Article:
How can a system administrator monitor a large number of machines and services to proactively address problems before anyone else suffers from them?
The answer is Nagios.
Nagios is an open source network monitoring tool. It is free, powerful and flexible. It can be tricky to learn and implement, but can reduce enormously the amount of time required to keep track of how your organization's IT infrastructure is performing.
I'll cover the usefulness and architecture of Nagios in part one of this two-part column. In
To understand the usefulness of Nagios, consider a typical IT infrastructure that one or more system administrators are responsible for. Even a small company may have a number of pieces of hardware with many services and software packages running on them. Larger companies may have hundreds or even thousands of items to keep up and running. Both small and large companies may have decentralized operations, implying a decentralized IT infrastructure, with no ability to physically see many of the machines at all.
Naturally, each piece of hardware will have a unique set of software products running on it. Faced with a multitude of hardware and software to monitor, administrators cannot pay attention to each specific item; the default posture in this kind of situation is to respond to service outages on a reactive basis. Worse, awareness of the problem usually comes only after an end-user complains.
Beyond the obvious public relations problem, there are also inefficiencies inherent in reactive problem solving. Problems that might have only taken a few minutes to address if caught early can become much more time-consuming if addressed later. For example, a database that is running out of disk space for its logs might be easy to fix before the last byte of disk is consumed, but fixing the problem once the system is hung due to inability to write log records is much harder to do.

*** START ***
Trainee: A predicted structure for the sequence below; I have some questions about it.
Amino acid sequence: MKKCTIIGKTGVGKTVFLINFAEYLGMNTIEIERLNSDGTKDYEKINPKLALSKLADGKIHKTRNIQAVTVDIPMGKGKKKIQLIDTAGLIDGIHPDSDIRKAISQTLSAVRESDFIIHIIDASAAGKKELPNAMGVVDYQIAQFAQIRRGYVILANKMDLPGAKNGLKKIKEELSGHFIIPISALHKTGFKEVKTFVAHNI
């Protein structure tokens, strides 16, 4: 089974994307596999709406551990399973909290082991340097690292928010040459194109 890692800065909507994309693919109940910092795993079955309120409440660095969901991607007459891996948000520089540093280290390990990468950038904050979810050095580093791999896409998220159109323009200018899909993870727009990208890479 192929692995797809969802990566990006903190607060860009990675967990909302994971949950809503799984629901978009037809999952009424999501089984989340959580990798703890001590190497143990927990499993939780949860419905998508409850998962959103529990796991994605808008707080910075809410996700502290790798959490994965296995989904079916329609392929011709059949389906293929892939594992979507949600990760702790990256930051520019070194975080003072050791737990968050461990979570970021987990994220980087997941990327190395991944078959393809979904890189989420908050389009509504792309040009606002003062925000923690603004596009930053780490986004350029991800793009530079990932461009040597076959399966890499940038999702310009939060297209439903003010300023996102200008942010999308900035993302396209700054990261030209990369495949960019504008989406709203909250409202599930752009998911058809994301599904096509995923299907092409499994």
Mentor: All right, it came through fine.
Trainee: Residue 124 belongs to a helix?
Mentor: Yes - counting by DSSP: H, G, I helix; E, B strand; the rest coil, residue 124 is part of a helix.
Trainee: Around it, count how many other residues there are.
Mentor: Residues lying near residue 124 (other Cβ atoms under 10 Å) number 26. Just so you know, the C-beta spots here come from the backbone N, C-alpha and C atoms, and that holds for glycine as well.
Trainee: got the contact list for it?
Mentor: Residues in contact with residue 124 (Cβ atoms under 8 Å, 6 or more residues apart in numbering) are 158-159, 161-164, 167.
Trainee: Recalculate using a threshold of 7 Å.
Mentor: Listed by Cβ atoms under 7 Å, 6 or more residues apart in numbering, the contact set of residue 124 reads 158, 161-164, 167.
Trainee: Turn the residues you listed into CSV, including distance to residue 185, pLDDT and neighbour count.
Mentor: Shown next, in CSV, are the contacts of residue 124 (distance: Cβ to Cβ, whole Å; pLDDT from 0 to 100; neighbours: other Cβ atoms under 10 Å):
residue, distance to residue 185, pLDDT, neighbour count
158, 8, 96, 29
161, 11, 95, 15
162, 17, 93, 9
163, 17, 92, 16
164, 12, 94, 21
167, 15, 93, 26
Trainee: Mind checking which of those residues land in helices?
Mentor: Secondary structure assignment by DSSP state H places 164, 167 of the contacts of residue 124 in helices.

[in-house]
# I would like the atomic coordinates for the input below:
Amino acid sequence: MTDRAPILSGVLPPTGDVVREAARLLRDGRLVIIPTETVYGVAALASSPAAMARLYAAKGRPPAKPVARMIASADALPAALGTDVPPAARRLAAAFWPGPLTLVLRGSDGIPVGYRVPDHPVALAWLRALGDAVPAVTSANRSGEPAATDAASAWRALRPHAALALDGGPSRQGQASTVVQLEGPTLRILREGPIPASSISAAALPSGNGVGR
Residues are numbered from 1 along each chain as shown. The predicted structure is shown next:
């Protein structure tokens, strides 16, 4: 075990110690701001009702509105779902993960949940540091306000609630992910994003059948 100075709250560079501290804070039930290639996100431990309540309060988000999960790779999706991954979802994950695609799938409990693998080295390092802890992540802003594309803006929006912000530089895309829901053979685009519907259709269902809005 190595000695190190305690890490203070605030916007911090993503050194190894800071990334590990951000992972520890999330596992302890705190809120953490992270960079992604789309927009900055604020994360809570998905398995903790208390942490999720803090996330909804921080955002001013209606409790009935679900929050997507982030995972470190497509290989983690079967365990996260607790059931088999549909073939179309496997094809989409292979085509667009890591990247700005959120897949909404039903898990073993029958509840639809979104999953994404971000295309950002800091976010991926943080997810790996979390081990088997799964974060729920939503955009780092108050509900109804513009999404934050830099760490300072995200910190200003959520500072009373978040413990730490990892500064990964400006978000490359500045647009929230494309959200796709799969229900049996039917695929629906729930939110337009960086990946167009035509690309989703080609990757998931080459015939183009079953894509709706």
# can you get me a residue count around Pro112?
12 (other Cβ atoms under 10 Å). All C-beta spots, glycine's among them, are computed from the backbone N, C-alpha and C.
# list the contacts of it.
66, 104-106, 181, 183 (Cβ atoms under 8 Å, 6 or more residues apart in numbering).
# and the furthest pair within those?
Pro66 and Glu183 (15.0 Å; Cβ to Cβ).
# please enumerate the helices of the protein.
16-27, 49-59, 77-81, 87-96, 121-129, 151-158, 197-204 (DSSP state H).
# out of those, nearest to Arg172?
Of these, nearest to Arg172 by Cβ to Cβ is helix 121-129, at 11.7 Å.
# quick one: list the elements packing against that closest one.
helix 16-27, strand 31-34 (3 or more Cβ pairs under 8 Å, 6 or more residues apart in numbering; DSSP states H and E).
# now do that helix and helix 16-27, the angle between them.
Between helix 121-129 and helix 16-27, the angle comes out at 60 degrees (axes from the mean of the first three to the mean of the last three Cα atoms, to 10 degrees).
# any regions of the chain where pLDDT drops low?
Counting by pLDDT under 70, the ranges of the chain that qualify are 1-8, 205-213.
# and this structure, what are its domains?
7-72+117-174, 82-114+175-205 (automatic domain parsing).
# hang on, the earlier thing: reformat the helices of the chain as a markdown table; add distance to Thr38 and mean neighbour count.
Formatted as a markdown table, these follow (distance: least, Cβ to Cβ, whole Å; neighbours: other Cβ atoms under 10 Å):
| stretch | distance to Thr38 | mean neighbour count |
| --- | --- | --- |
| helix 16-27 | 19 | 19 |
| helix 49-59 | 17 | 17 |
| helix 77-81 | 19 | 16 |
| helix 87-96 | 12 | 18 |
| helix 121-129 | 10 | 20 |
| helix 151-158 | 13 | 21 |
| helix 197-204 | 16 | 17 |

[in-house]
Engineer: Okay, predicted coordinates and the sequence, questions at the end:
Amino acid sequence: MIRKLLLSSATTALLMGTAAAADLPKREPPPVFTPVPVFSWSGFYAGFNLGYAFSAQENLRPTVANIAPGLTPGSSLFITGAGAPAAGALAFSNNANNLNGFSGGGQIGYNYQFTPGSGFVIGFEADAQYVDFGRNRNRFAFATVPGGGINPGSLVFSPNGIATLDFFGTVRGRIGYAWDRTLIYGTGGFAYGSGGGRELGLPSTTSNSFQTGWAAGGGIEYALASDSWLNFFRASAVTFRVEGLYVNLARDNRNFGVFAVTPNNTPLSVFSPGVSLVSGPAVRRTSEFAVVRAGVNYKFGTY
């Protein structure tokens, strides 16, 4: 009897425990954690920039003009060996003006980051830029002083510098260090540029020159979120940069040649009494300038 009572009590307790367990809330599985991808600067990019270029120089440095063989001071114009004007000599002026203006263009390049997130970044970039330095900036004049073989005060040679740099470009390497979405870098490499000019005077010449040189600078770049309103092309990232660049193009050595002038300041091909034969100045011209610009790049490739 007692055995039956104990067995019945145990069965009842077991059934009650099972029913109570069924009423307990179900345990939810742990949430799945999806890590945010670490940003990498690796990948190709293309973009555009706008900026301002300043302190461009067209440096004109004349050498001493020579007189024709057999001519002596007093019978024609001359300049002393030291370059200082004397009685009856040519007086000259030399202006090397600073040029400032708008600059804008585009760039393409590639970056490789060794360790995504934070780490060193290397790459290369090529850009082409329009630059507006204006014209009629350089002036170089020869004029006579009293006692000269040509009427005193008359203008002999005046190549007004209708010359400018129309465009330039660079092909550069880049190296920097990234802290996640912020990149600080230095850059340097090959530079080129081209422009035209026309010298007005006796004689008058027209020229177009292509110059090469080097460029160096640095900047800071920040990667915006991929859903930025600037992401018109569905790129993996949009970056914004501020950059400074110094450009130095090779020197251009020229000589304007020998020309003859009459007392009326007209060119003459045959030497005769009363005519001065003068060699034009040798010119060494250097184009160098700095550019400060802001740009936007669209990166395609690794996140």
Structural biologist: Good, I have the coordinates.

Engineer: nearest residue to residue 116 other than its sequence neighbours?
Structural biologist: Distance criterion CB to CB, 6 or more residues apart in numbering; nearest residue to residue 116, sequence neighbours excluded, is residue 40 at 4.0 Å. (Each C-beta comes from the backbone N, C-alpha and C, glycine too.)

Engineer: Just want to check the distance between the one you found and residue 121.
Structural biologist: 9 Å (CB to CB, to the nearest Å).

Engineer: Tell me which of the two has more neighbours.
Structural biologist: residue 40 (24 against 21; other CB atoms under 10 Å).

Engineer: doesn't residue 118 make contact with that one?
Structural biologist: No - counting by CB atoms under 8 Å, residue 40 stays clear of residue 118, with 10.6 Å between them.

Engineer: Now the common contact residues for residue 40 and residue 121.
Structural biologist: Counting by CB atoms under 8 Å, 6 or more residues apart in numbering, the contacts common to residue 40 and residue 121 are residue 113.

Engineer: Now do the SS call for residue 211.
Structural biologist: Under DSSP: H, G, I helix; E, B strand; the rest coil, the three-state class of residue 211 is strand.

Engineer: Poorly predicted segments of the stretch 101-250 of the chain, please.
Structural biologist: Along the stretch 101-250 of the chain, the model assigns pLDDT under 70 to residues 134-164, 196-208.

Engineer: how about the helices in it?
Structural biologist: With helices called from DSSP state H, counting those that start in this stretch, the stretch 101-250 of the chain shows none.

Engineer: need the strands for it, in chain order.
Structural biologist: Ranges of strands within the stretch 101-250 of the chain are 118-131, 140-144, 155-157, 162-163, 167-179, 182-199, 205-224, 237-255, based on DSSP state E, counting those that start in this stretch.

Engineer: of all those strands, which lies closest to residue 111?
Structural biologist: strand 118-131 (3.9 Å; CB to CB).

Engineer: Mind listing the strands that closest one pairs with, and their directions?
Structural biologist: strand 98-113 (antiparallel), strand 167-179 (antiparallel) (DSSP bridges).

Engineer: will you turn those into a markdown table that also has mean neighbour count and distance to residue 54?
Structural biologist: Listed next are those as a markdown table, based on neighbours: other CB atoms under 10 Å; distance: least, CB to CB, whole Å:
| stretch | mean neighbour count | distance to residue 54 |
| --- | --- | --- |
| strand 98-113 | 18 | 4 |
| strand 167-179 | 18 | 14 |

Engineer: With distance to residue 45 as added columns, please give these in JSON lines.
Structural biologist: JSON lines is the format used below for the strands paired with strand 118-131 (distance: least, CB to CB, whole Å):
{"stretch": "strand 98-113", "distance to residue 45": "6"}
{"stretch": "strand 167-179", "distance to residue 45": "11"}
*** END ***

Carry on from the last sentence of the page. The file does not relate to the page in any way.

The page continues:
Therefore, an automated tool that can help in system administration can be extremely helpful. These tools go by the generic name of network management software, and all share the capability to:
- Keep track of all the services and machines running in the infrastructure;
- Raise alerts before small problems become large ones;
- Run from a central location to reduce the need to physically go to each machine; and,
- Provide a visual representation of system-wide status, outstanding problems, etc.
Two main problems keep network management software from being more widely used:
- It tends to be extremely expensive; and,
- It requires significant work to configure for a given environment.
Nagios is an open source network management tool that solves the first problem. It too, requires a fair amount of configuration, but there are a couple of suggestions to reduce that burden later in this article.
The Nagios architecture
The Nagios application runs on a central server, either Linux or Unix. Each piece of hardware that must be monitored runs a Nagios daemon that communicates with the central server. Depending on the instructions in the configuration files the central server reads, it will "reach out and touch" the remote daemon to instruct it to run a necessary check. While the application must run on Linux or Unix, the remote machines may be any piece of hardware that may be communicated with.
Depending upon the response from the remote machine, Nagios will then respond with an appropriate action, again, according to its configuration. Depending upon what remote test needs to be performed, Nagios will perform the test via a native machine capability (e.g., test to see if a file exists) or will run a custom test program (called a plugin) to test something more specific (e.g., check to see if a particular set of values has been placed into a database). If a check return value is not correct, Nagios will raise an alert via one or several methods -- again, according to how it has been configured.
Now, let's move on to part two, where I provide an example of a Nagios configuration.
Bernard Golden is CEO of Navica Inc., a systems integration firm specializing in open source
software. He writes a column for SearchEnterpriseLinux.com called Golden's Rules and answers
about open source software issues.
This was first published in April 2005